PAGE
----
With AWS Lambda and the Serverless framework, deploying your code has become so simple and frictionless.
As you move more and more of your architecture to run on Lambda, you might find that, in addition to getting things done faster you are also deploying your code more frequently.
But, as you rejoice in this new found superpower to make your users and stakeholders happy, you need to keep an eye out for that regional limit of 75GB for all the uploaded deployment packages.
At Yubl, me and a small team of 6 server engineers managed to rack up nearly 20GB of deployment packages in 3 months.
We wrote all of our Lambda functions in Nodejs, and deployment packages were typically less than 2MB. But the frequency of deployments made sure that the overall size of deployment packages went up steadily.
Now that I’m writing most of my Lambda functions in Scala (it’s the weapon of choice for the Space Ape Games server team), I’m dealing with deployment packages that are significantly bigger!
Serverless framework: disable versionFunctions
By default, the Serverless framework would create a new version of your function every time you deploy.
In Serverless 0.X, this is (kinda) needed because it used function alias. For example, I can have multiple deployment stages for the same function?—?dev, staging and production. But in the Lambda console there is only one function, and each stage is simply an alias pointing to a different version of the same function.
Unfortunately this behaviour also made it difficult to manage the IAM permissions because multiple versions of the same function share the same IAM role. Since you can’t version the IAM role with the function, this makes it hard for you to add or remove permissions without breaking older versions.
Fortunately, the developers listened to the community and since the 1.0 release each stage is deployed as a separate function.
Essentially, this allows you to “version” IAM roles with deployment stages since each stage gets a separate IAM role. So there’s technically no need for you to create a new version for every deployment anymore. But, that is still the default behaviour, unless you explicitly disable it in your serverless.ymlby setting versionFunctions to false.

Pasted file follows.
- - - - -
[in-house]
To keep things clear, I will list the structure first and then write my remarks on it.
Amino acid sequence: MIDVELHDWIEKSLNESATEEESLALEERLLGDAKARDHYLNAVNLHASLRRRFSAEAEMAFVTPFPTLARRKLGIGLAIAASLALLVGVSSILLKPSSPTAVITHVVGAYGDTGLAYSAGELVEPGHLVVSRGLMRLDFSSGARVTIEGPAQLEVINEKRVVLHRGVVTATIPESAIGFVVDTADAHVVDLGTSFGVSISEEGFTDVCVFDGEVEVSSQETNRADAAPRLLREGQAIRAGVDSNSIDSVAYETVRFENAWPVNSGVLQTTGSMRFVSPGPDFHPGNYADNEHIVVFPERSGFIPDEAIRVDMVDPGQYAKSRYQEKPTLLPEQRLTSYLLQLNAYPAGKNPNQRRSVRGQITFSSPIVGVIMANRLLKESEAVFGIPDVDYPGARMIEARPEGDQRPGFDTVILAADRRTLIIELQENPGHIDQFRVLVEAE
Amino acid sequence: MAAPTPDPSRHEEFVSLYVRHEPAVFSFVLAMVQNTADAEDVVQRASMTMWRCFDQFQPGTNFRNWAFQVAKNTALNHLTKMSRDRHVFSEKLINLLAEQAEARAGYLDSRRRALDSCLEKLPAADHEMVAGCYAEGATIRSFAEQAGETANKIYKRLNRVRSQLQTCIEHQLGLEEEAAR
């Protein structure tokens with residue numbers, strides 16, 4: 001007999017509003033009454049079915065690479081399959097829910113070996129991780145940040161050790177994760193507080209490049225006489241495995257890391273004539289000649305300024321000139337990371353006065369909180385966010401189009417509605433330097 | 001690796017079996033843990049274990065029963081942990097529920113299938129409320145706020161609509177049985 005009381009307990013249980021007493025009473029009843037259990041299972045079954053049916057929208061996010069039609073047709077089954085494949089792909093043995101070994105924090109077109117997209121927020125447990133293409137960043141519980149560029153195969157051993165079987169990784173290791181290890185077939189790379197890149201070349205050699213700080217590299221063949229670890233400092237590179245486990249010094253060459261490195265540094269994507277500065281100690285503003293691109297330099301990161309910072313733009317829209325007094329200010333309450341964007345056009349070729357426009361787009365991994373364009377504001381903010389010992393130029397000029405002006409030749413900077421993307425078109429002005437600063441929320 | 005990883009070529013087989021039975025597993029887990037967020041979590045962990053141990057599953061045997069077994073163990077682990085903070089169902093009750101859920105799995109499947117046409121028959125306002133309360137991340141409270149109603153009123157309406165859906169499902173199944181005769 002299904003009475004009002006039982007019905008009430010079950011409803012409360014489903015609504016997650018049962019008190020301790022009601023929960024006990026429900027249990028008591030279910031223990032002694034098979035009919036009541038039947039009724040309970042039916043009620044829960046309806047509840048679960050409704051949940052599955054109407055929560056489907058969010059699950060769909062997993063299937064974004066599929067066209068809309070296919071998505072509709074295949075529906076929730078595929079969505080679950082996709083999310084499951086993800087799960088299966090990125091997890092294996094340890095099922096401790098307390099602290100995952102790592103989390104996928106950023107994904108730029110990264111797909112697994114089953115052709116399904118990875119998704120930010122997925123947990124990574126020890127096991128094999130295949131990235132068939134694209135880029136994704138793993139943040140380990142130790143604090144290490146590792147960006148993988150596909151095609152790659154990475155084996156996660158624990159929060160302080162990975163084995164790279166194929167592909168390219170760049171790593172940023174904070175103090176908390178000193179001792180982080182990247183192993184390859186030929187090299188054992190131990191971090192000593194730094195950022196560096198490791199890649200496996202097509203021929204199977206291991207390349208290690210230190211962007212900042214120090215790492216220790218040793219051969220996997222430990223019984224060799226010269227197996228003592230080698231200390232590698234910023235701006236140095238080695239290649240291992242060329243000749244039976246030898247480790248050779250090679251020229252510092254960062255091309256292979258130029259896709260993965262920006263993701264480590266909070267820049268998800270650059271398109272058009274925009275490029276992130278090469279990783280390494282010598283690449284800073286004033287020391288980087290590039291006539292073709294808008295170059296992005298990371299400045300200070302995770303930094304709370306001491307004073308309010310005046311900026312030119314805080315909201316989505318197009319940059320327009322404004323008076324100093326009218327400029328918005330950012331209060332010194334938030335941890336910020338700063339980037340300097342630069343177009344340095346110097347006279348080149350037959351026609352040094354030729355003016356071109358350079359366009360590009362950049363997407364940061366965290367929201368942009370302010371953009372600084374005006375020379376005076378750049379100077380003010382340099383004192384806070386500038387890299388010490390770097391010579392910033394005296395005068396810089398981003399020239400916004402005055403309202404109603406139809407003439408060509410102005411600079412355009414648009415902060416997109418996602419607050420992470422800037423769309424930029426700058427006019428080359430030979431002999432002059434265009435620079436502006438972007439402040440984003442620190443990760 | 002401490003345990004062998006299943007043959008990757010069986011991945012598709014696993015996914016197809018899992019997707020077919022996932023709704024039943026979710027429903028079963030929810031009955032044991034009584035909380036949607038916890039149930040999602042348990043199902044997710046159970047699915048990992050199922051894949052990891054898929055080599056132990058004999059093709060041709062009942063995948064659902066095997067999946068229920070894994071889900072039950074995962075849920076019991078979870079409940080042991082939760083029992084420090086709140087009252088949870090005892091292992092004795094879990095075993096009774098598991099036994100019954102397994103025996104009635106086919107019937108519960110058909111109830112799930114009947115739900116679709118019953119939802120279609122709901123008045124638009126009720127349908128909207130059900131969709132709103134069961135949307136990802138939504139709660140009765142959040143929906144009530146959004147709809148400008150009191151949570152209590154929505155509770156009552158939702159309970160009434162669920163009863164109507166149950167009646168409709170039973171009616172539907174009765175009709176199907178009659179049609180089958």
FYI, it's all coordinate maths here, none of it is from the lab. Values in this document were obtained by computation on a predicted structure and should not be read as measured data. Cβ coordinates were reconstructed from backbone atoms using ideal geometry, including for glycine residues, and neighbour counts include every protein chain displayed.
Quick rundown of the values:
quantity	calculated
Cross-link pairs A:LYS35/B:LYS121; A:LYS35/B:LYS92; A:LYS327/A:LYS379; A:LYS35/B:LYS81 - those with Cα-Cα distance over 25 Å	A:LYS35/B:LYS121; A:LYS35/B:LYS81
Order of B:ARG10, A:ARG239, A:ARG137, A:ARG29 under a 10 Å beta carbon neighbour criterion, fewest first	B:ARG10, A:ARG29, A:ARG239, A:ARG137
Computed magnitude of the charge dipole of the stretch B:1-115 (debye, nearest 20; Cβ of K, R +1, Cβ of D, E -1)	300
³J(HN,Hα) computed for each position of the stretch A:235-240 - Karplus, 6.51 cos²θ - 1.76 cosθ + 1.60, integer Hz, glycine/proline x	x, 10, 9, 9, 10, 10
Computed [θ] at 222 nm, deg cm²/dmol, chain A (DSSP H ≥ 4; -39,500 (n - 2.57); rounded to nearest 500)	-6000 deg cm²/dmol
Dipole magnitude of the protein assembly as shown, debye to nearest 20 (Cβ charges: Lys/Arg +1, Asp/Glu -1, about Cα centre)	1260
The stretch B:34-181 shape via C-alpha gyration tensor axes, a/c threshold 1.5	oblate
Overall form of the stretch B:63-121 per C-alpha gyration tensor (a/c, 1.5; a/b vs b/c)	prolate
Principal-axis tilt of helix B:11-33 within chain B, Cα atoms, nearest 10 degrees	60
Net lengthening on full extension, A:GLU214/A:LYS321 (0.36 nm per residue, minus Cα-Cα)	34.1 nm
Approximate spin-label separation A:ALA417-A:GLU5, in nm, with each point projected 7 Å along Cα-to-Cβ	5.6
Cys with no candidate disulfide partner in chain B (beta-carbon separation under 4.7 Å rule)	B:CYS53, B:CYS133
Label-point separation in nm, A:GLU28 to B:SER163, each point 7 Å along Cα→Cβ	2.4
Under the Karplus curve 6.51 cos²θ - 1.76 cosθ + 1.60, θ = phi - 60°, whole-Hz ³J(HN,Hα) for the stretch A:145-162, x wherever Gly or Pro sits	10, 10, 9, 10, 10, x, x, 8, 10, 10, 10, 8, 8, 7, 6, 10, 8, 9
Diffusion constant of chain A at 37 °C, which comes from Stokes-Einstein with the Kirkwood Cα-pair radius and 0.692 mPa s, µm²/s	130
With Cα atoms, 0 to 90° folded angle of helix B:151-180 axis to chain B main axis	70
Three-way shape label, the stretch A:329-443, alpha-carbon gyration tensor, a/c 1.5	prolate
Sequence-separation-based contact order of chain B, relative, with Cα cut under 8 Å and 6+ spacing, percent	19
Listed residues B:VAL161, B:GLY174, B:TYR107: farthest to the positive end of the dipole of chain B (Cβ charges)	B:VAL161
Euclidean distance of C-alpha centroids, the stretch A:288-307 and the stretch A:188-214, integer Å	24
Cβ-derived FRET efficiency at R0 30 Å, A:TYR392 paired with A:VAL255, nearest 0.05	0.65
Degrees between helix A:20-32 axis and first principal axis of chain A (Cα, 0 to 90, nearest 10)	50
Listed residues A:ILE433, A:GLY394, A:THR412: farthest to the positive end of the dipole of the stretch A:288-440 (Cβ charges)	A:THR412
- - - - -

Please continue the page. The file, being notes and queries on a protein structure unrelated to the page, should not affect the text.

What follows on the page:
You might argue that having old versions of the function in production makes it quicker to rollback.
In that case, enable it for the production stage only. To do that, here’s a handy trick to allow a default configuration in your serverless.yml to be overridable by deployment stage.
In my personal experience though, unless you have taken great care and used aliases to tag the production releases it’s actually quite hard to know which version correlates to what. Assuming that you have reproducible builds, I would have much more confidence if we rollback by deploying from a hotfixor support branch of our code.
Clean up old versions with janitor-lambda
If disabling versionFunctions in the serverless.yml for all of your projects is hard to enforce, another approach would be to retroactively delete old versions of functions that are no longer referenced by an alias.
To do that, you can create a cron job (ie. scheduled CloudWatch event + Lambda) that will scan through your functions and look for versions that are not referenced and delete them.
I took some inspiration from Netflix’s Janitor Monkey and created a Janitor Lambda function that you can deploy to your AWS environment to clean unused versions of your functions.
After we employed this Janitor Lambda function, our total deployment package went from 20GB to ~1GB (we had a lot of functions…).
However, as our architecture expanded we found several drawbacks with managing configurations with environment variables.
Hard to share configs across projects
The biggest problem for us was the inability to share configurations across projects since environment variables are function specific at runtime.
The Serverless framework has the notion of services, which is just a way of grouping related functions together. You can specify service-wide environment variables as well as function-specific ones.
However, we often found that configurations need to be shared across multiple services. When these configurations change we had to update and redeploy all functions that depend on them – which in itself was becoming a challenge to track these dependencies across many Github repos that are maintained by different members of the team.
For example, as we were migrating from a monolithic system piece by piece whilst delivering new features, we weren’t able to move away from the monolithic MongoDB database in one go. It meant that lots of functions shared MongoDB connection strings. When one of these connection strings changed – and it did several times – pain and suffering followed.